“Where there is great love there are always miracles,’ he said at length. ‘One might almost say that an apparition is human vision corrected by divine love. I do not see you as you really are, Joseph; I see you through my affection for you. The Miracles of the Church seem to me to rest not so much upon faces or voices or healing power coming suddenly near to us from afar off, but upon our perceptions being made finer, so that for a moment our eyes can see and our ears can hear what is there about us always.”
–Willa Cather, Death Comes for the Archbishop
This exchange from one of my favorite novels takes place between the wise and reserved Bishop Latour and his young and passionate vicar, Vaillant, during their extensive and trying travels together through the southwestern United States of the nineteenth century. “Where there is great love, there are always miracles.” I have always thought that sounds great, but like Bishop Latour, it has mostly been an intellectual truth for me, something that I know must be true, whether or not I actually believe or experience it to be so. This past weekend, I was reminded again of these words, and I encountered their truth in the most concrete and undeniable way.
For the past seven months, I have served as president of the board for Magdalene Omaha, an affiliate of Magdalene/Thistle Farms in Nashville, which is a program for survivors of sex trafficking, abuse, and addiction. Magdalene communities offer two years of free sanctuary for survivors, covering all of their living and medical expenses, connecting residents with appropriate mental health social service providers, and giving them a small stipend. There is no authority in the house, and no residential staff. The residents are free to come and go as they wish. The program is non-sectarian, and does not require or ask for any religious commitment. The residents’ life together is guided by the twenty-four principles outlined in Magdalene founder Becca Stevens’s book Finding Our Way Home.
We are in the very early stages of starting our program in Omaha, and this past weekend Becca, as well as two graduates and one current resident of Magdalene, were with us for our big kickoff event to raise both money and awareness. I spent three days with them at different events—a dinner for major donors on Friday, a round table with community leaders and lawmakers on Saturday, our big event Saturday night, and again at Trinity Cathedral on Sunday morning. Over and over again, I saw signs of both great love, and of the miracles that such love can manifest.
I saw the miraculous growth of a community that began with just five women in 1999 and today has become a global movement with more than thirty affiliate programs. I saw the miraculously transformed lives of three women who experienced unimaginable abuse and trauma as they showed us again and again what it means to love truly and to be truly loved. I saw the miracle of a city coming together to talk about its hard truths and imagine a better, safer way forward. I saw the miracle of an army of volunteers getting the word out in force, and providing rich hospitality to everyone who came to hear the stories of the women of Magdalene and to support the planting of a house in Omaha. I saw a miraculous spiritual energy I don’t often seen in churches, moving a diverse group of people to attempt what might have otherwise seemed impossible.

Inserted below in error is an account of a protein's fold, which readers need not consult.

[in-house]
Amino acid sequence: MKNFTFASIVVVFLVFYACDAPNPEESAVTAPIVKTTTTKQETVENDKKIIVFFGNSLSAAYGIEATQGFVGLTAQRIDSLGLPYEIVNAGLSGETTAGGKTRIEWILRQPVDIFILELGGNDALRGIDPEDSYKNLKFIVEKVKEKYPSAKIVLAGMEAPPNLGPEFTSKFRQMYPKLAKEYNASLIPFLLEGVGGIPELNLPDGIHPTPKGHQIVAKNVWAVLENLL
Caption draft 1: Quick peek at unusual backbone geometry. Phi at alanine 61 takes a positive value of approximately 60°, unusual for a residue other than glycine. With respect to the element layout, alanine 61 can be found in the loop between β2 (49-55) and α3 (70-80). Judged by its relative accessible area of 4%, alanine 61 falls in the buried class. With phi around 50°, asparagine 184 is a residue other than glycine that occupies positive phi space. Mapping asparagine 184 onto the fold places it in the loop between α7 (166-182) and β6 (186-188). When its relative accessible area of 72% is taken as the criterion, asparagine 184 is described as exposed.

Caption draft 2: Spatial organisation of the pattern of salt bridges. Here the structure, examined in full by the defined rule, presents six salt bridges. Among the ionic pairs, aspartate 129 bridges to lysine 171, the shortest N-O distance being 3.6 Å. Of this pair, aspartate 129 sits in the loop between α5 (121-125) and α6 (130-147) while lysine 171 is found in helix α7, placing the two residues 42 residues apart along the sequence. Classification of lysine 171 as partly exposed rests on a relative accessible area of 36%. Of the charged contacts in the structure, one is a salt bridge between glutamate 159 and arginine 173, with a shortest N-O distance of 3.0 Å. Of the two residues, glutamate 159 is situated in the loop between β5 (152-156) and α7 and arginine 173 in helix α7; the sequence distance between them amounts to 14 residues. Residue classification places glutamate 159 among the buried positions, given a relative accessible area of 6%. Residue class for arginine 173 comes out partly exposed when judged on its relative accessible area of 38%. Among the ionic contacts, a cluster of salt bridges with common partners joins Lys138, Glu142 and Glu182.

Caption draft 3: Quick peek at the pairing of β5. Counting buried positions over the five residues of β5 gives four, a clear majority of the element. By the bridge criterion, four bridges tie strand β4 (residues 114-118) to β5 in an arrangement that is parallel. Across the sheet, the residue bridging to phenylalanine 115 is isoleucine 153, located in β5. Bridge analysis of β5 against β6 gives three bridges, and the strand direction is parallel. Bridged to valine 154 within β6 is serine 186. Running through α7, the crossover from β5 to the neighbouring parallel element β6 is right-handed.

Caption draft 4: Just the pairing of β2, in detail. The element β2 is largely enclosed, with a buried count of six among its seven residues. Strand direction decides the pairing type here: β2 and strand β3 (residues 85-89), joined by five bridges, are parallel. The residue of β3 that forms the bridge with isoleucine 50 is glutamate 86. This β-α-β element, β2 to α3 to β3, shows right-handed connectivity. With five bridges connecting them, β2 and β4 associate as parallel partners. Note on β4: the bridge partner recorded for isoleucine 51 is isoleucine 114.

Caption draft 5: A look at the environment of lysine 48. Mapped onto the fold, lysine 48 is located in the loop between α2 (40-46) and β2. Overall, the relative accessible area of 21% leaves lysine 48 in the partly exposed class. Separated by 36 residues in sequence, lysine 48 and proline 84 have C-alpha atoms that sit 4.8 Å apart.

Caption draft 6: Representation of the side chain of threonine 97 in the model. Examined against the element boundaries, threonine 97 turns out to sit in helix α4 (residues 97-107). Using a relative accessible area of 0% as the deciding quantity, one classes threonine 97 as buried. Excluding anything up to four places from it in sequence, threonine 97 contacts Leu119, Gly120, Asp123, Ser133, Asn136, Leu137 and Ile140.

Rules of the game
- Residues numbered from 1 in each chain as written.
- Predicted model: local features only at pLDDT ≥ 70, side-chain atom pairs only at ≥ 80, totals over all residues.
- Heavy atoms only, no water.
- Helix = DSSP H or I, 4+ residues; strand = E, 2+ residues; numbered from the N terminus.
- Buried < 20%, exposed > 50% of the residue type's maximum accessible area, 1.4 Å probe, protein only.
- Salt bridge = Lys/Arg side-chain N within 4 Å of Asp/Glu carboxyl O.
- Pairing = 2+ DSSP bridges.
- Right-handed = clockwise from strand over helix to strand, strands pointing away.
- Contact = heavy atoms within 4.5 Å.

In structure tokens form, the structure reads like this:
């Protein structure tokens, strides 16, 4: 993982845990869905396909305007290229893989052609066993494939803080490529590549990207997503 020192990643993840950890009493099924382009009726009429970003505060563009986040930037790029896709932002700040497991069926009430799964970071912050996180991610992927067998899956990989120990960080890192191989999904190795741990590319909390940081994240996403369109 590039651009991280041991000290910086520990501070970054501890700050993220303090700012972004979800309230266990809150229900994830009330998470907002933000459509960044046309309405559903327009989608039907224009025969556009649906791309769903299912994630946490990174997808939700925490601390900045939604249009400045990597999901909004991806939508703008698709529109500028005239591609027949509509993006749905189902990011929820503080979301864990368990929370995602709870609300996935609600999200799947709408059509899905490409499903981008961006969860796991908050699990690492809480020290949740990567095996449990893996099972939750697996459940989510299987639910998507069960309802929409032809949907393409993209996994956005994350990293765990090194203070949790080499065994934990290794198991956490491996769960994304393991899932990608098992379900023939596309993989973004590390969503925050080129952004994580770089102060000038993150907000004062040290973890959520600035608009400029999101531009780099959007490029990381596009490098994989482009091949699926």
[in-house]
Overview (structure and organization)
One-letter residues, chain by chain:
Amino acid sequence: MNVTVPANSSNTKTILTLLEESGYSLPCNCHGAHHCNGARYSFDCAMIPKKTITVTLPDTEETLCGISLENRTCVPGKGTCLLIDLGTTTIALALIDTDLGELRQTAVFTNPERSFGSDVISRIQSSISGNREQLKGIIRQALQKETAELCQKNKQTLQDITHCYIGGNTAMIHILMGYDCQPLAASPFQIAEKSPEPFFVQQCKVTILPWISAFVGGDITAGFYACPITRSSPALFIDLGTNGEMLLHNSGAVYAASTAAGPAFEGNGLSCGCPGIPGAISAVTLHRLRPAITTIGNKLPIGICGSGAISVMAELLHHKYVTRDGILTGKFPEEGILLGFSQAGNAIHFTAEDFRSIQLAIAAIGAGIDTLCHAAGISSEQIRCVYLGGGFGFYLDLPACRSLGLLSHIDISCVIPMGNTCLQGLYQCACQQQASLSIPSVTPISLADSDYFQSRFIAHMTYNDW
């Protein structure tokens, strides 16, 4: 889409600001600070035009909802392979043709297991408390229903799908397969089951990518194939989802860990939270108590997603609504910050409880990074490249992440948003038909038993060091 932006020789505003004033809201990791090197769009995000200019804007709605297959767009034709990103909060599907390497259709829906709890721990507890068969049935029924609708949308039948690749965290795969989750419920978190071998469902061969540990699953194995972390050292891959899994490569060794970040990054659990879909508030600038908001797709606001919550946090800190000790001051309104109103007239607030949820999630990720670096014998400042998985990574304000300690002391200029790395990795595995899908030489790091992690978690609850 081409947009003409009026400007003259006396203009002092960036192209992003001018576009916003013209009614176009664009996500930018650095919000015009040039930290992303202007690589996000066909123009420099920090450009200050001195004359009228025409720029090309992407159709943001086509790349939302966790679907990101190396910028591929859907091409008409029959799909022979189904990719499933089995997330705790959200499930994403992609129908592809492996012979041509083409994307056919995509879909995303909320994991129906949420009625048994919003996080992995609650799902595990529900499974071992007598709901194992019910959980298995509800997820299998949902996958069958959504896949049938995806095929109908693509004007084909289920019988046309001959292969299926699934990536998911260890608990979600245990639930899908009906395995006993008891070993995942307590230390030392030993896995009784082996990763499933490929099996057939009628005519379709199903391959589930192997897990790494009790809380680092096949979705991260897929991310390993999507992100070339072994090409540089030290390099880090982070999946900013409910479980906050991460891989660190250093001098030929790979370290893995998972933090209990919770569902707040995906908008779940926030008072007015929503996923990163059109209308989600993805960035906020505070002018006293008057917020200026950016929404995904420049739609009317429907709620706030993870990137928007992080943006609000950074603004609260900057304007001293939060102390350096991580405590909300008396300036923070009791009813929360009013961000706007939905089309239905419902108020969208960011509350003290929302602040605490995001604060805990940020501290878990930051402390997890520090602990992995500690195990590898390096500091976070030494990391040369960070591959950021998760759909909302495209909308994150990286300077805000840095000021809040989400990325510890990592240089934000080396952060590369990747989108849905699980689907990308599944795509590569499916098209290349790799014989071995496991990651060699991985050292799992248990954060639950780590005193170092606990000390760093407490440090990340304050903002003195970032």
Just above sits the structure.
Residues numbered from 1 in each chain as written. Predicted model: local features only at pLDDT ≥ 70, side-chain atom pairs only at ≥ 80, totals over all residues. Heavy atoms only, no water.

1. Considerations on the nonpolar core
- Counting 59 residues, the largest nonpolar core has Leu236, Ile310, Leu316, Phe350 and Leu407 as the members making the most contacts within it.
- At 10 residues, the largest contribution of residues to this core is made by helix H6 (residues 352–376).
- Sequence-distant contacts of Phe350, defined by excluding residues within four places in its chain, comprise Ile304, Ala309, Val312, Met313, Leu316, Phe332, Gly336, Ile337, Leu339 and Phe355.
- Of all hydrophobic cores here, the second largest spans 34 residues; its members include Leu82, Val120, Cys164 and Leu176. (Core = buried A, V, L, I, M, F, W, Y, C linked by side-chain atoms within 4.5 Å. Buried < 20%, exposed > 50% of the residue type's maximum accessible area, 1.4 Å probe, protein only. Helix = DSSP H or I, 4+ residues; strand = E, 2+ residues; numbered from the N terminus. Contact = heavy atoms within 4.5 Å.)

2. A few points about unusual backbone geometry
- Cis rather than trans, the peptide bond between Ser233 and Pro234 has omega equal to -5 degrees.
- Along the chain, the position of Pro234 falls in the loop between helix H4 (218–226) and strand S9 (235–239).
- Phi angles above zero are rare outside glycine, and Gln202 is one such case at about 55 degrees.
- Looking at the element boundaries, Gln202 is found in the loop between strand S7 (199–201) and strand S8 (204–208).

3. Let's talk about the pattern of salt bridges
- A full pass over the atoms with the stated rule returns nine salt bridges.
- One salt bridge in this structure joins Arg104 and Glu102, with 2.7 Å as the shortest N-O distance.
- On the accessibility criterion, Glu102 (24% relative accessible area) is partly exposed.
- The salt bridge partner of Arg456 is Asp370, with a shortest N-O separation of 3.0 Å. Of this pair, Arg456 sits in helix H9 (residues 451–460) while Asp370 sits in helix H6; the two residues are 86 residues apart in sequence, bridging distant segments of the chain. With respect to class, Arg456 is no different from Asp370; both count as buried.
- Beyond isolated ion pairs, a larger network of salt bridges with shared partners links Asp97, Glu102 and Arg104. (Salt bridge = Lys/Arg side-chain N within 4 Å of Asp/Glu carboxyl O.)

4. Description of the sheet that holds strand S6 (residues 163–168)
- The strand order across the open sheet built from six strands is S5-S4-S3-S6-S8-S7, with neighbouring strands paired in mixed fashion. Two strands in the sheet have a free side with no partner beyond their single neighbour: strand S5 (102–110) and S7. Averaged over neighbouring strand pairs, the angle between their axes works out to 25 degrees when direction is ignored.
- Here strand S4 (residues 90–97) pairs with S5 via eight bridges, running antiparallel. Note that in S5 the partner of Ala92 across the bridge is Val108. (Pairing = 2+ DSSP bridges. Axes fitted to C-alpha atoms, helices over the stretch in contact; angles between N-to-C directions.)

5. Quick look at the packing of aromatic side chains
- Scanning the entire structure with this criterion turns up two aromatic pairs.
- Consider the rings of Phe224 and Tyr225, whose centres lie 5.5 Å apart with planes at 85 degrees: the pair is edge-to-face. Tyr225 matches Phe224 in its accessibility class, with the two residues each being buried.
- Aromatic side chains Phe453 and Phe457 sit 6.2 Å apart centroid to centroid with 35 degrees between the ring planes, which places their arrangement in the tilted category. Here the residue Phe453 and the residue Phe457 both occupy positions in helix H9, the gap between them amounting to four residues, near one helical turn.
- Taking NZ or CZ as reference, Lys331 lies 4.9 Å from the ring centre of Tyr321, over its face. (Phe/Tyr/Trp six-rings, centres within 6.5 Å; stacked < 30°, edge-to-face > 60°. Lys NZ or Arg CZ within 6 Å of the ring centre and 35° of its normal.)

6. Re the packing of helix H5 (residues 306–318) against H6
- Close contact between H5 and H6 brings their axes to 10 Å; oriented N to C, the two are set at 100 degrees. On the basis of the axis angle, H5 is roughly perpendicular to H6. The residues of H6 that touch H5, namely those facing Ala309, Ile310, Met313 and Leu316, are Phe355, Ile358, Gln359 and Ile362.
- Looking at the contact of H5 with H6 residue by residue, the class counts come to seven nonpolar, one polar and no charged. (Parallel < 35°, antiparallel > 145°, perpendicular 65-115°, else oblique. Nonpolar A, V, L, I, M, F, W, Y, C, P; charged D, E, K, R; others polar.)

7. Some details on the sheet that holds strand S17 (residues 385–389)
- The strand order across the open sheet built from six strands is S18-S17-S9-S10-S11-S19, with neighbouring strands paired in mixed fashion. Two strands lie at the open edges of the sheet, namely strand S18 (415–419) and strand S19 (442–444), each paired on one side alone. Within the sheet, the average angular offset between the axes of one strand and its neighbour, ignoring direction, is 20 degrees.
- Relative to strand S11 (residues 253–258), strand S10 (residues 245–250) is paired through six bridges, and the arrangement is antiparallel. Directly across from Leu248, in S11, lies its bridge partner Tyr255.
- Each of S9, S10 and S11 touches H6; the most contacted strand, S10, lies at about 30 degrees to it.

And all of these miracles are happening because of great love. There is the great love Becca has for God’s creation and God’s people, and which moved her to start Magdalene almost twenty years ago. There is the great love the survivors have for themselves, for one another, and for the woman still on the street, who they remember each time they meet together in community. There is the great love developing between and around the leaders of Magdalene Omaha.
Magdalene Omaha isn’t about providing a service for victims. It’s about creating a beloved community of women who are survivors, so that their community might help all of us challenge a culture that fosters addiction in its many, many forms and tolerates violence against women, including the sale of women’s bodies. The potential and the power of this movement, which is fueled by great love and produces honest-to-God miracles, runs far beyond combating the evil of sex trafficking. This movement has the power to transform everyone who encounters it. As we in Omaha have come together to do the long work it will take to form and support a Magdalene community, we have been and will continue to form more and more people who are committed to making miracles born of great love happen wherever they are. “I do not see you as you really are, Joseph; I see you through my affection for you,” Cather wrote. The Magdalene communities help us all to see the world through the eyes of God’s affection for every single one of us. That affection, and that love, have the power to heal us from all of the ways that we are broken and that we break one another.
During a conversation on Sunday morning at the cathedral, I was explaining to a group of people that we hope we will be able to begin offering sanctuary to our first group of residents sometime in 2018, which is a perfectly realistic and responsible timeline. One of the Magdalene graduates, Lori, jumped in and said, “it’s going to happen a lot faster than that!” Before I experienced the miracles that Magdalene manifests, I wouldn’t have believed it. Having witnessed great love and seen miracles this weekend, I think she might just be right.